The series so far:
Ephesians 1 is sometimes wheeled out to support the notion that God does all things for the sake of a self-reflexively, self-interested glory (stole the phrase from Michael Jensen). Well let’s have a look. (Father, Son, Spirit, us.)
3 Praise be to the God and Father of our Lord Jesus Christ, Who has blessed us in the heavenly realms with every spiritual blessing in Christ. 4 For He chose us in Him before the creation of the world to be holy and blameless in His sight. In love 5 He predestined us to be adopted as His sons through Jesus Christ, in accordance with His pleasure and will– 6 to the praise of His glorious grace, which He has freely given us in the One He loves. 7 In Him we have redemption through His blood, the forgiveness of sins, in accordance with the riches of God’s grace 8 that He lavished on us with all wisdom and understanding. 9 And He made known to us the mystery of His will according to His good pleasure, which He purposed in Christ, 10 to be put into effect when the times will have reached their fulfilment–to bring all things in heaven and on earth together under one head, even Christ. 11 In Him we were also chosen, having been predestined according to the plan of Him Who works out everything in conformity with the purpose of His will, 12 in order that we, who were the first to hope in Christ, might be for the praise of His glory. 13 And you also were included in Christ when you heard the word of truth, the gospel of your salvation. Having believed, you were marked in Him with a seal, the promised Holy Spirit, 14 Who is a deposit guaranteeing our inheritance until the redemption of those who are God’s possession–to the praise of His glory… 22 And God placed all things under His feet and appointed Him to be Head over everything for the church, 23 which is His body, the fulness of Him who fills everything in every way.
An eternal torrent of Spiritual blessings flow from Father to Son – by the Spirit comes election, predestination, adoption, redemption and grace. And as they are lavished on the Head, so they flow to His body, the church.
The Father’s generosity towards the Son is described as the lavish riches of His grace (see here for more on ‘riches’ in Ephesians). The riches/wealth/substance/weightiness/glory of the Father is an overflowing profligacy, an out-going being towards the Son. But, more than this, the overflow towards the Son has the church in view. Even before the foundation of the world, the church is foreknown as internal to the love that God is. The other-centredness of the trinity is not a holy huddle exclusive of us. The triune God refuses to be God without us.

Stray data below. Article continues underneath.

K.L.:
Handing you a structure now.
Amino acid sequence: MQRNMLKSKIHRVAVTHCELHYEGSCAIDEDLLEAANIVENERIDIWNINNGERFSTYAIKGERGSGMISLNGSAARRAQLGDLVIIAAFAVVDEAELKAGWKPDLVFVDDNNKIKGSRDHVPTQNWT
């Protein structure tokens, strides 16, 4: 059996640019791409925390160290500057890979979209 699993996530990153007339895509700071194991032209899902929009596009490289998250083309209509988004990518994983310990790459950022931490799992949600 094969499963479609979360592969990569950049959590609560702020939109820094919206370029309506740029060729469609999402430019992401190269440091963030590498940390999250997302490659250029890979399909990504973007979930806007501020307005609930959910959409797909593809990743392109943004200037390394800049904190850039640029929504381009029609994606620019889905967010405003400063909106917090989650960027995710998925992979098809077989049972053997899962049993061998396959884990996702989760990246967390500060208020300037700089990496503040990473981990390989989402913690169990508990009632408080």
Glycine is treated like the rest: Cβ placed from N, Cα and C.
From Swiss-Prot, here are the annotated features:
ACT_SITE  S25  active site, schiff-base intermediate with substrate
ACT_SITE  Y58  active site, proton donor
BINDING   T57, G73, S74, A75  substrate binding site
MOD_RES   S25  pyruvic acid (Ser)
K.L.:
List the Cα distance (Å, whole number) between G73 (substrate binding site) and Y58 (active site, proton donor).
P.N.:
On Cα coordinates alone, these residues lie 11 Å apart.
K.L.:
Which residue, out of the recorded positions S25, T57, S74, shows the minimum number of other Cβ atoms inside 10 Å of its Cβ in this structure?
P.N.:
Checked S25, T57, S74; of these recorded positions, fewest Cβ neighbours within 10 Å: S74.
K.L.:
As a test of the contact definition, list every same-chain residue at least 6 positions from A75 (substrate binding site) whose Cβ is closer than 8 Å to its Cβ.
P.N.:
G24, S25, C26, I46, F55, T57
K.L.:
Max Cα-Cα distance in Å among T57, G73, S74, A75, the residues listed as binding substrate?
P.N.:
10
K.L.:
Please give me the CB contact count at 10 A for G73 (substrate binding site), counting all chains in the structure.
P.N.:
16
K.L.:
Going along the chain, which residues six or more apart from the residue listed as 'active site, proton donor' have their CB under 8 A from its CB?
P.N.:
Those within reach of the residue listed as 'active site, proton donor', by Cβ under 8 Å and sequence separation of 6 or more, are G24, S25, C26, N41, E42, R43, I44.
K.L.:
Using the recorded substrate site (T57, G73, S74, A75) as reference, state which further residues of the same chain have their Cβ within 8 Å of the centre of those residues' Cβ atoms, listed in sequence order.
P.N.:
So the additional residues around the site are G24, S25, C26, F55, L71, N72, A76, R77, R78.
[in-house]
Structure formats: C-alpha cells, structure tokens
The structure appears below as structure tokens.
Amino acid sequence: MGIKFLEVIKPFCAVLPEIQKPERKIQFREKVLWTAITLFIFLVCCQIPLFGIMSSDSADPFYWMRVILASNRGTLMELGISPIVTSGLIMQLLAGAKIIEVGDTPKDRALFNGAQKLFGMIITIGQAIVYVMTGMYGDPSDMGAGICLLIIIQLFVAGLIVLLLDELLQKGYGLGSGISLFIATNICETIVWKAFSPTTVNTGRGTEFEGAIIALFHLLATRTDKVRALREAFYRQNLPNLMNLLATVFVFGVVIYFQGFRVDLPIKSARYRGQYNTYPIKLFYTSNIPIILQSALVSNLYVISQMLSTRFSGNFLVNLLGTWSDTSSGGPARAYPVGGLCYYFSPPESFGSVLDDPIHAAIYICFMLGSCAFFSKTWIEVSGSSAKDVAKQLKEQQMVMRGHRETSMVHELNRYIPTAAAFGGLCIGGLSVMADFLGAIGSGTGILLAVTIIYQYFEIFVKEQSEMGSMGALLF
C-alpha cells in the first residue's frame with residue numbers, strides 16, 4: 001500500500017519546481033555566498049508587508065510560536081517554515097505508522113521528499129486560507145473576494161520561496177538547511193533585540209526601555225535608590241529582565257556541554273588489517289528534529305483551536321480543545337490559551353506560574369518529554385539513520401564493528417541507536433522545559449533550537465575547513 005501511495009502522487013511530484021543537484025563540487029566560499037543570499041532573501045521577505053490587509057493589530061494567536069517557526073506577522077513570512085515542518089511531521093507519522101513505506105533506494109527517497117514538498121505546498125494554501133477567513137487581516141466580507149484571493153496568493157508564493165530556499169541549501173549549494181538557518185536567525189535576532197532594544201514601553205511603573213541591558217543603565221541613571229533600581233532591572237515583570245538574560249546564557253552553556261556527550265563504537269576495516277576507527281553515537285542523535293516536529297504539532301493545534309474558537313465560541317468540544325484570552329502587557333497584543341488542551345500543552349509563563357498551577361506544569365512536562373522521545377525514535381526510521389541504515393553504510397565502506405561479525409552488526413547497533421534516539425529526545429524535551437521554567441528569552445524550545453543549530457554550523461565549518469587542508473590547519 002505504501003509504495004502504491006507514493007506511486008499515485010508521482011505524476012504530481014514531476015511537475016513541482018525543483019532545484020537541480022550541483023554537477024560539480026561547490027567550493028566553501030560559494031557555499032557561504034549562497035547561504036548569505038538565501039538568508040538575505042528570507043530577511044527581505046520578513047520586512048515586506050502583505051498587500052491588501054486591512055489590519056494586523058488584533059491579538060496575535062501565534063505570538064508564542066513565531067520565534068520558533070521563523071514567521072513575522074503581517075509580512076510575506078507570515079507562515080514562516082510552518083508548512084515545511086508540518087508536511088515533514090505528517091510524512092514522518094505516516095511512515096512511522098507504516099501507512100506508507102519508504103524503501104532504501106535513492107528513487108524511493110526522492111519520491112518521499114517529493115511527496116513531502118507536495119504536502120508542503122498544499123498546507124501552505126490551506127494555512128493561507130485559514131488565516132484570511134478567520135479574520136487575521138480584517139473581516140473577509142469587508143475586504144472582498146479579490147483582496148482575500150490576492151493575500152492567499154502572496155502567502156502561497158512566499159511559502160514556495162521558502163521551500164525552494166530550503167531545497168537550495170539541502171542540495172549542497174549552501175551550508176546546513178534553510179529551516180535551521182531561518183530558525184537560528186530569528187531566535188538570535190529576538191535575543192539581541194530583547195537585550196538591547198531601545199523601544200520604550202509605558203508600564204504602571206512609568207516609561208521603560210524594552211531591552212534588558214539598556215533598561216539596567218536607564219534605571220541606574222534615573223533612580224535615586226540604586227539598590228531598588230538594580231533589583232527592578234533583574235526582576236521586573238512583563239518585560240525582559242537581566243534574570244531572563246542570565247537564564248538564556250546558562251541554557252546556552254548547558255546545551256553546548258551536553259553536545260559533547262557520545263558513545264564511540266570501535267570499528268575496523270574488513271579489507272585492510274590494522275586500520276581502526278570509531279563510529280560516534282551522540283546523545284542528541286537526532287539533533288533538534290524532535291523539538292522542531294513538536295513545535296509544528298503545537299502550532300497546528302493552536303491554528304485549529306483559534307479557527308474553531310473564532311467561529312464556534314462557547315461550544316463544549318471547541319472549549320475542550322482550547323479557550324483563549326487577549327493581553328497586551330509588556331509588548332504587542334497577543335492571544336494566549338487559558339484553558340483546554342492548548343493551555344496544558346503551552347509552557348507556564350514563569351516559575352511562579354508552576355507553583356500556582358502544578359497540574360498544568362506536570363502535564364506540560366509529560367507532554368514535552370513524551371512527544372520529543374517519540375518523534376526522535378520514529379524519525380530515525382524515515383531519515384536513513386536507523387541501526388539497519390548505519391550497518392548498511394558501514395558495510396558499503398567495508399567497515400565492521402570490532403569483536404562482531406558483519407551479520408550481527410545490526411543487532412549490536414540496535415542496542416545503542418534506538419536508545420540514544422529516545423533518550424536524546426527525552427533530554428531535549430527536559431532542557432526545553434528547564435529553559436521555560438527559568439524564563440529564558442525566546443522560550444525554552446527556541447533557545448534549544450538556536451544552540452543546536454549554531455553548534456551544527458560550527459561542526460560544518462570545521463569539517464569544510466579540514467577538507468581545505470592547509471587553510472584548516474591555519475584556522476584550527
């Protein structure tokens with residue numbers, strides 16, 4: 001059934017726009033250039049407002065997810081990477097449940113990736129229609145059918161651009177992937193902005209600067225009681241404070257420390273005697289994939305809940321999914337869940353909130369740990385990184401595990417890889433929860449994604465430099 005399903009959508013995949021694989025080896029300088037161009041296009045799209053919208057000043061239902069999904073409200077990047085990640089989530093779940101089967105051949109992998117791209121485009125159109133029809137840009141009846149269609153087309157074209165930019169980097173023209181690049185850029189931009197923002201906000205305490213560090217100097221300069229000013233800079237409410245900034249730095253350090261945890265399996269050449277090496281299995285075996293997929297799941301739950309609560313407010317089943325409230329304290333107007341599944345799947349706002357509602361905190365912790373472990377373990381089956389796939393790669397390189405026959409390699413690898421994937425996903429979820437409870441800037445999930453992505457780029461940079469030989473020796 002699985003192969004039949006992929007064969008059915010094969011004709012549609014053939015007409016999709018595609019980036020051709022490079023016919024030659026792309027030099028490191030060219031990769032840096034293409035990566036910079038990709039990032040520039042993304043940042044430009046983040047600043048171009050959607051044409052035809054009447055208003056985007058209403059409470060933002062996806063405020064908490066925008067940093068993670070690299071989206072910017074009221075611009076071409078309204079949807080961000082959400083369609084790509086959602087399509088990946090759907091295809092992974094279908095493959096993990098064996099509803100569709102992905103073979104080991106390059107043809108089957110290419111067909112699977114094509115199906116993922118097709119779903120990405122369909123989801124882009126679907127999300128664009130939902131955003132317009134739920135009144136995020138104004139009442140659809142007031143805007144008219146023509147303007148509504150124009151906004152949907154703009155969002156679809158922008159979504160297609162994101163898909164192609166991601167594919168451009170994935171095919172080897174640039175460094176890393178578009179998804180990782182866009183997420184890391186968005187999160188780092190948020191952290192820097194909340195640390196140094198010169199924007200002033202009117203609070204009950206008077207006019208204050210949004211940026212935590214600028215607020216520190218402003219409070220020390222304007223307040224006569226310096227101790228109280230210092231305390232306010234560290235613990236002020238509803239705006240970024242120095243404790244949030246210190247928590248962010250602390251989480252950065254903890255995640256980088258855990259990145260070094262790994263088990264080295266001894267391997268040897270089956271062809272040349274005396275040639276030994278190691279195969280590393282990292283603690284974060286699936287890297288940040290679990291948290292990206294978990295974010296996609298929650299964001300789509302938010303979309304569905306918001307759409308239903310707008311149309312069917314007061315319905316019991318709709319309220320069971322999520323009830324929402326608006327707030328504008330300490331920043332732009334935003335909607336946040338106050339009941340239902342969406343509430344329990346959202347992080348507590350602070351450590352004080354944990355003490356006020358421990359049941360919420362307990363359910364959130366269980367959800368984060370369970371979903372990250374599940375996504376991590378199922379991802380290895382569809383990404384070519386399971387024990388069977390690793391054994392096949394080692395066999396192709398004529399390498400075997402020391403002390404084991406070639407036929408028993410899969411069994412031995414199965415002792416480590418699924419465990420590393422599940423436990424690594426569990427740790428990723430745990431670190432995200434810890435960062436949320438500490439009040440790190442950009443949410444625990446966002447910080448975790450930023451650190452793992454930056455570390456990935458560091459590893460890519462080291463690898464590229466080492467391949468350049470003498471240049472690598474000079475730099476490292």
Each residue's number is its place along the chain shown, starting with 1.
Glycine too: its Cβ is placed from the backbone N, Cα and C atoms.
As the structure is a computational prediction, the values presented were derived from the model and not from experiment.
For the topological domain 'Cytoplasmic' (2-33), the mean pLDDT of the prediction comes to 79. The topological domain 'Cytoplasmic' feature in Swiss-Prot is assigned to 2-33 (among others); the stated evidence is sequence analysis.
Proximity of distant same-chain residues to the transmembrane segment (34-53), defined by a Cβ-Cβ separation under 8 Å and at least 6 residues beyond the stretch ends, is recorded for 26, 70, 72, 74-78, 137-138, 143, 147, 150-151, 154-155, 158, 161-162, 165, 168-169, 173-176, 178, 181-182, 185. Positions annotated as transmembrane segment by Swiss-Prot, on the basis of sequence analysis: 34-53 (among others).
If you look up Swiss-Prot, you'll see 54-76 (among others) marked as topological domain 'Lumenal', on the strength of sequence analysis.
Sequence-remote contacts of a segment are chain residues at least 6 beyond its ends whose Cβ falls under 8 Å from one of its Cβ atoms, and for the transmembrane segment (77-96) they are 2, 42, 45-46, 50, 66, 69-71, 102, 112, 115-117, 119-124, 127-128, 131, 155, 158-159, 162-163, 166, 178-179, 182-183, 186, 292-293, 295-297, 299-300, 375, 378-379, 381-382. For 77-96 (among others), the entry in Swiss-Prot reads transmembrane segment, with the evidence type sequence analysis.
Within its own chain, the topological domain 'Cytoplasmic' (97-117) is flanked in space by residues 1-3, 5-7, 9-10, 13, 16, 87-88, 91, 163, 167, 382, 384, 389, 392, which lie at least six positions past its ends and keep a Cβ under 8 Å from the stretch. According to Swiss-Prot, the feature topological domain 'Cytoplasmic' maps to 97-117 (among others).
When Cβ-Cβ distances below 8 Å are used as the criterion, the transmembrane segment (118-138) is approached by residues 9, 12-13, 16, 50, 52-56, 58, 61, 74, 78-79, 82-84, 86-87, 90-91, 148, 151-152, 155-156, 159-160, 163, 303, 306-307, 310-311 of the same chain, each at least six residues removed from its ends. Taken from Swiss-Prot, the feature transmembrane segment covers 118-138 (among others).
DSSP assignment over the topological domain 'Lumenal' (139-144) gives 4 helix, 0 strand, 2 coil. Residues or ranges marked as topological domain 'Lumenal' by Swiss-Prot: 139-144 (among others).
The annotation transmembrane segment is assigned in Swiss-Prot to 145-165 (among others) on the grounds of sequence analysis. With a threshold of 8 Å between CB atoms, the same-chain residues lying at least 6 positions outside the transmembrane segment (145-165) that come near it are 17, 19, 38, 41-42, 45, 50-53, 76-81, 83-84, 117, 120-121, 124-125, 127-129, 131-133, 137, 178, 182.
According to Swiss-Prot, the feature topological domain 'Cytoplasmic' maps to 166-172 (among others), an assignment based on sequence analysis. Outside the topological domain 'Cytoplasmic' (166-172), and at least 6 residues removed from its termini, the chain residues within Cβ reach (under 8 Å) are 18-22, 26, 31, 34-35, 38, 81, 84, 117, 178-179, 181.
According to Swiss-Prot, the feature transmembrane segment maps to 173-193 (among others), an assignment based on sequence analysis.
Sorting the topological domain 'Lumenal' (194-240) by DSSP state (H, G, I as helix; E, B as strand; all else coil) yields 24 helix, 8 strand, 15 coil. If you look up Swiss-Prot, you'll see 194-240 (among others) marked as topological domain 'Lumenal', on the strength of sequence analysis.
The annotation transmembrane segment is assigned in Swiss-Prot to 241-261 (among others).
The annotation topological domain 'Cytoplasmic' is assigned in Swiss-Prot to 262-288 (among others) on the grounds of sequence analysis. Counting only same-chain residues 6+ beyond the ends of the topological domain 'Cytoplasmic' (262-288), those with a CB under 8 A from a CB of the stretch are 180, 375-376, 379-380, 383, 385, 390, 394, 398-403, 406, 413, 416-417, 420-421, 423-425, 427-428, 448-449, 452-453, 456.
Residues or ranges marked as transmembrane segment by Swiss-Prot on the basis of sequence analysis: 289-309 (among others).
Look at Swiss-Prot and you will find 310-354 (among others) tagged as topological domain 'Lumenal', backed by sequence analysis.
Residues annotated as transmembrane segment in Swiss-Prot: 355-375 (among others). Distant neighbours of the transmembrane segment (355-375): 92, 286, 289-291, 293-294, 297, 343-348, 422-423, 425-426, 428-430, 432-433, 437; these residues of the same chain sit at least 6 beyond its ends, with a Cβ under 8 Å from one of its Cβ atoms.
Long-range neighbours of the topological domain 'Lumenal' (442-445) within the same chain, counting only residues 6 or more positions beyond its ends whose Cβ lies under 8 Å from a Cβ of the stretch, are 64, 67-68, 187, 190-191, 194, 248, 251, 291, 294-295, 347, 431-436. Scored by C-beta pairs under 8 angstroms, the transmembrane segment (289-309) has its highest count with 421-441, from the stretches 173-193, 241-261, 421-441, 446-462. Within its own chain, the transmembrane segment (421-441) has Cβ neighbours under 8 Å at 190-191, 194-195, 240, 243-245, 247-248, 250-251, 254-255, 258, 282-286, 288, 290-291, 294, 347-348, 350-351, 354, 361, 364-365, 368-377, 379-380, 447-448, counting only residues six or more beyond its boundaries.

As we reach the end of the chapter we almost dare not believe what we read. Is Christ really appointed as Head over everything for the church? Is the church really the fulness of Christ? There are many purpose clauses in this chapter – do we dare to take seriously these ones? Of course Paul is not suggesting that we fill an otherwise empty Christ. He fills all things. Yet we must take these verses seriously. In His divine initiative there is a determination for the Head to be fulfilled in His body.
Therefore whatever glory we ascribe to this God, it cannot be the glory of self-exaltation. In fact verse 6 tells us in no uncertain terms what His glory consists in. It is the “glory of His grace which He has freely given us in the Beloved.” What we will praise into all eternity is the grace of a Father who from eternity past has determined to do all for the glory of love. The repetition of the phrase “to the praise of His glory” (v12 and 21) can only be understood in the context as a short-hand for this lavish, other-centred benevolence.
Now certainly this means that we are to praise God. And certainly it means that this praise is intended by God. But this is not at all the same thing as positing a self-centred God.
The steps of the argument that precede the statement “God does all things to the praise of His glory” are absolutely crucial. If the first few steps are things like: God’s the best so by definition He must exult in the best or he’d be an idolater – then the praise of this glory would be to join in His self-exaltation. But if the steps in the argument are something like: God’s triune love and election of the church in Christ reveal the glory of other-centred love – then the praise of His glory is joining in His other-centredness. Very different.
Put it another way – the argument is not, God loves God therefore you should love God. The argument is God loves you, you should love God.
Or again, it just isn’t the case that we make much of God because God makes much of Himself. We make much of God because He makes much of others (His Son and us in His Son) and that is His glory. Hallelujah.
Final part here…